February 25, 2022 | OPINION | By Tom Byron | Illustration by Kira Schulist

February is Black History Month, dedicated to remembering the stories of Black Americans and their role in the development of the United States. Slavery, the Civil War, and the Jim Crow South are central to these stories, and much coverage of Black History Month focuses on these periods. But after the Civil War and before Jim Crow, there was another chapter of Black history, one where Black Americans held power that they would not see again for more than a century.

From 1865 to 1877, the United States tried to rebuild after the destruction of the Civil War, an effort focused on ensuring that the southern states would not try to rebel again. Republicans, as the party of Abraham Lincoln, swept elections in much of the postwar South through the solid support of newly enfranchised Black voters.

Despite opposition from Andrew Johnson, the white Southerner who took the presidency after Lincoln’s assassination, Radical Republicans in Congress pushed through the 13th, 14th, and 15th Amendments to the Constitution. These wrote into law an end to slavery, equal treatment under the law, and protection for the right to vote.

But even before these Reconstruction amendments, Black Americans seized the opportunity to defend their hard-won freedom. Black political movements exploded throughout the South, electing both Black and white Republicans to state constitutional conventions and political office.

Sixteen Black men served in Congress during this period, including two senators, and hundreds of Black officials held power across every southern state. These leaders were committed to defending Black civil rights, promoting education, and bringing the interests of Black Americans into the halls of power for the first time in American history.

Despite constant attacks from many Southern white people, these leaders worked to build a new South from the ashes of the Civil War. They expanded the political system, removing property restrictions on voting, enforcing labor regulations, and allowing free expression in the South for the first time. They strengthened state control over the economy, funding public education and infrastructure projects such as railroads.

Most importantly, they fought for a true multiracial democracy, something the world had never seen before. Black leaders were adamant in their defense of equality before the law, universal manhood suffrage, universal rights to education and justice, and an end to state violence against its citizens.

For more than a decade, Black Americans held political power in much of the South and showed that their vision for the United States was far closer to our modern aspirations than any of their contemporaries. We are still struggling to achieve their goals even today. Policies based around universal public education, expanded voting rights, infrastructure investment, and ending racial exclusion were as important to Black Reconstruction as they are to the modern progressive movement.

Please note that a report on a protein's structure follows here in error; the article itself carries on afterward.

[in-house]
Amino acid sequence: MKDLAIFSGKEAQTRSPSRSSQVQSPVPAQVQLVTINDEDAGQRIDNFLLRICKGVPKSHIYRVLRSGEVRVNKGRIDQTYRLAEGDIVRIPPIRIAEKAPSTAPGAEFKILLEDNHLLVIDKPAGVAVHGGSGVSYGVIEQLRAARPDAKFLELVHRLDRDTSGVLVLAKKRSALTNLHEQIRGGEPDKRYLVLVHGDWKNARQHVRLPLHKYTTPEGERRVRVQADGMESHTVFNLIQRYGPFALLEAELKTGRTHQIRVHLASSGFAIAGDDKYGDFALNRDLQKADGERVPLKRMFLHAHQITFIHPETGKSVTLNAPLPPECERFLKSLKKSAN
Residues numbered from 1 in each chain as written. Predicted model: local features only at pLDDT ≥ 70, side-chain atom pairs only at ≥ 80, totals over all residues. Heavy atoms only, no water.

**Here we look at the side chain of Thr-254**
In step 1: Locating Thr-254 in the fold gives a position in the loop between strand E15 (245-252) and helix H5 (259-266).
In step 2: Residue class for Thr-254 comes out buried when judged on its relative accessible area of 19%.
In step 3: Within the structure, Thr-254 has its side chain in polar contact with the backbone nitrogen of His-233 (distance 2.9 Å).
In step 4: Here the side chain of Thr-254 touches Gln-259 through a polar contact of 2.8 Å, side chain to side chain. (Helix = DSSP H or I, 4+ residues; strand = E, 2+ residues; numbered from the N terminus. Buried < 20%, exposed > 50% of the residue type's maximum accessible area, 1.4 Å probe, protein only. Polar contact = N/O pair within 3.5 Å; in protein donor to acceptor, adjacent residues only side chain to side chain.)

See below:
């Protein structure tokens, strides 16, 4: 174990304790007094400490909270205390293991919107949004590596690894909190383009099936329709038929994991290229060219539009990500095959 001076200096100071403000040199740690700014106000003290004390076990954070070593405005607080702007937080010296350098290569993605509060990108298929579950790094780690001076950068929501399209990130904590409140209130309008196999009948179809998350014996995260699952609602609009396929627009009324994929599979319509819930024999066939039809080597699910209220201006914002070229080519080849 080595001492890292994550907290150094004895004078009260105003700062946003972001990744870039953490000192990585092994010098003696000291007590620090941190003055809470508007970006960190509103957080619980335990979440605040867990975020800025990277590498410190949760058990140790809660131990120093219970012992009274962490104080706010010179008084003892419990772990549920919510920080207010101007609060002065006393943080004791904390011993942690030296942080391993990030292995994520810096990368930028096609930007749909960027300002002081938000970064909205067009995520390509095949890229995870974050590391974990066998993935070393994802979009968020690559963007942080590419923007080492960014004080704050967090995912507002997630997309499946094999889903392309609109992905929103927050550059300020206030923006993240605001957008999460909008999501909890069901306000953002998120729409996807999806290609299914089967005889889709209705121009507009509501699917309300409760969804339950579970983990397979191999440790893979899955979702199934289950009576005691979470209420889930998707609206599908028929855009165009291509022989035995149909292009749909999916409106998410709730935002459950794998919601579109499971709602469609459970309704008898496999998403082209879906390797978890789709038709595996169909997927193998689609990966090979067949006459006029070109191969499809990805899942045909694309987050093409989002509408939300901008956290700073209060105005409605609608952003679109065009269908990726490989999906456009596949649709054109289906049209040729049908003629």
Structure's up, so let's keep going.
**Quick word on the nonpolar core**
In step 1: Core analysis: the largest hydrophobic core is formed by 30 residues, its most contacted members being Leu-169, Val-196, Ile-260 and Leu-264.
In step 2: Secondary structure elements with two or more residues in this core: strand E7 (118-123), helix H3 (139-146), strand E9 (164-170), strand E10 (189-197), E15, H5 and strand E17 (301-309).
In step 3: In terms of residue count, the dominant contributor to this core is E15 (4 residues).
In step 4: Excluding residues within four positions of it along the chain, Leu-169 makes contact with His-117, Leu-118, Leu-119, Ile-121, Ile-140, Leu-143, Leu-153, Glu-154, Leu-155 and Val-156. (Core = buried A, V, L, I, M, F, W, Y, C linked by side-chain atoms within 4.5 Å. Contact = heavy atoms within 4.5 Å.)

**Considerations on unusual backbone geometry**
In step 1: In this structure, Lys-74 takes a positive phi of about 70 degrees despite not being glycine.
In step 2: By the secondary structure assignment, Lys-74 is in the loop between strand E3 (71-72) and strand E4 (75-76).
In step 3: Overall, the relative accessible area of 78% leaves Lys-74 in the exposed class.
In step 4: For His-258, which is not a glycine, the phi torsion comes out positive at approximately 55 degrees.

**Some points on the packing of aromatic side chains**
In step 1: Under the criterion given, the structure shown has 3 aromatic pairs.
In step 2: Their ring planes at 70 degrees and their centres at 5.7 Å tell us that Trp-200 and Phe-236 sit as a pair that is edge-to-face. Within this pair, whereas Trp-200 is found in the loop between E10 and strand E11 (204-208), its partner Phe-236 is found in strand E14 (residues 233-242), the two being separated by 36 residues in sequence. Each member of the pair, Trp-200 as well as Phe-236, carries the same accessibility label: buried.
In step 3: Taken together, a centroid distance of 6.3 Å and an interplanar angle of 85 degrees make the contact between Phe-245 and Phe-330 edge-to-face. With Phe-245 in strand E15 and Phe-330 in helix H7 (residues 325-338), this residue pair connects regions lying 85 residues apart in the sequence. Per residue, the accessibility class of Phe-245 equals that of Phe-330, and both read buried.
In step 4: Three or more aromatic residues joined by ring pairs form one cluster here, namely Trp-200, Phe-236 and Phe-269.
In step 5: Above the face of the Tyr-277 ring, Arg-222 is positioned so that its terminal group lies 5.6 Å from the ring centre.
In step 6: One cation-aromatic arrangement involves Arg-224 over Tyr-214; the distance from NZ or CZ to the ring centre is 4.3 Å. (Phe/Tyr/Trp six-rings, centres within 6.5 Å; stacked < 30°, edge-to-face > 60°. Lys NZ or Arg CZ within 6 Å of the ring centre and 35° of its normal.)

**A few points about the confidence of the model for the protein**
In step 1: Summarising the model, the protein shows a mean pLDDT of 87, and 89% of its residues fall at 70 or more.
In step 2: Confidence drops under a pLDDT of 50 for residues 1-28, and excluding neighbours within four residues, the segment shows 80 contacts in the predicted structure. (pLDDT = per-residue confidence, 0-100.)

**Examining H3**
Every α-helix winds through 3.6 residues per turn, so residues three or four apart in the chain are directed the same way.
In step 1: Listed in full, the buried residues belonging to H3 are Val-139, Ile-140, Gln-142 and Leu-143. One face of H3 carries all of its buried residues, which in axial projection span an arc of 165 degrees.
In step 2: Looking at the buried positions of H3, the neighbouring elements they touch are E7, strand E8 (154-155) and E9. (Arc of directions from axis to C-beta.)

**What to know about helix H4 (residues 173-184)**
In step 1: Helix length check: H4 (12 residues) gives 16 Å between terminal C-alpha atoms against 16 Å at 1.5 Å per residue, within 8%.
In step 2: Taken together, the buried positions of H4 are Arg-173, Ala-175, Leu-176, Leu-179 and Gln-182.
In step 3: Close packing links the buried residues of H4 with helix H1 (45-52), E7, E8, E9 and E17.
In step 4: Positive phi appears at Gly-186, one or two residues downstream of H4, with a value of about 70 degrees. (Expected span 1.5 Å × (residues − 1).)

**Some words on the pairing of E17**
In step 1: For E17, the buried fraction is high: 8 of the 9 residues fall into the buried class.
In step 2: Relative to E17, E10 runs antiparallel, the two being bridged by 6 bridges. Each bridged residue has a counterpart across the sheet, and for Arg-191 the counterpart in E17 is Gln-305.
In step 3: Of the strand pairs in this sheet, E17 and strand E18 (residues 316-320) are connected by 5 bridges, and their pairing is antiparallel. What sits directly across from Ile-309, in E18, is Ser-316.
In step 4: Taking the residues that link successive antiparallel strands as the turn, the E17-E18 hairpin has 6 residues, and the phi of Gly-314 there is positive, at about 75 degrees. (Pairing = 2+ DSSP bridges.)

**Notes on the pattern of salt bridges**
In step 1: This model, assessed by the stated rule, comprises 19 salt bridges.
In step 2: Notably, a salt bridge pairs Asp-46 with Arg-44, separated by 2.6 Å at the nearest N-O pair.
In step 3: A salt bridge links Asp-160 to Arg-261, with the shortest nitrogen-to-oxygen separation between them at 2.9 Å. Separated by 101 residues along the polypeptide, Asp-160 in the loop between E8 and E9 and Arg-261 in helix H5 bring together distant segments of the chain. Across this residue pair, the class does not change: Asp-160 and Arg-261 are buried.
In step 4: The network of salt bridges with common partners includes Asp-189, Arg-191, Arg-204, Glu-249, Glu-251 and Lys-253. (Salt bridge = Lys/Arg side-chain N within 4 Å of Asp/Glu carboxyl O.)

Yet the story of Reconstruction is often absent from history, even Black history, overshadowed by the Civil War and the horrors of the Jim Crow South that came after. Most of these achievements were rolled back once white supremacists returned to power in the South, and histories of Reconstruction were shaped by racist theories of the Lost Cause.

Stories of political corruption, failed policies, and “Black Supremacy” were at the center of Reconstruction and served to justify white rule in the South.  Despite these narratives falling out of favor after the Civil Rights movement, nothing replaced them, and Reconstruction fell out of the American story entirely.

But Reconstruction was and remains a central chapter in the history of the United States. Its leaders, movements, and accomplishments deserve to be remembered as part of a new narrative of Black agency in the United States, and as the beginning of the long struggle for Black Civil Rights after the end of slavery. Books like “Black Reconstruction” by W. E. B. Du Bois and Eric Foner’s modern “A Short History of Reconstruction” paint this picture in gripping detail, describing the triumph and tragedy of these vital years.

After centuries of enslavement, Black Americans devoted themselves to education, economic independence, and democracy, holding onto books and ballots as the keys to building a better life. They didn’t just stand by and let the white South send them back into slavery — they fought back and built a vision of America that still resonates today. This Black History Month, we should remember the promise of Reconstruction, and honor the countless Black Americans who risked their lives for liberty and justice for all.

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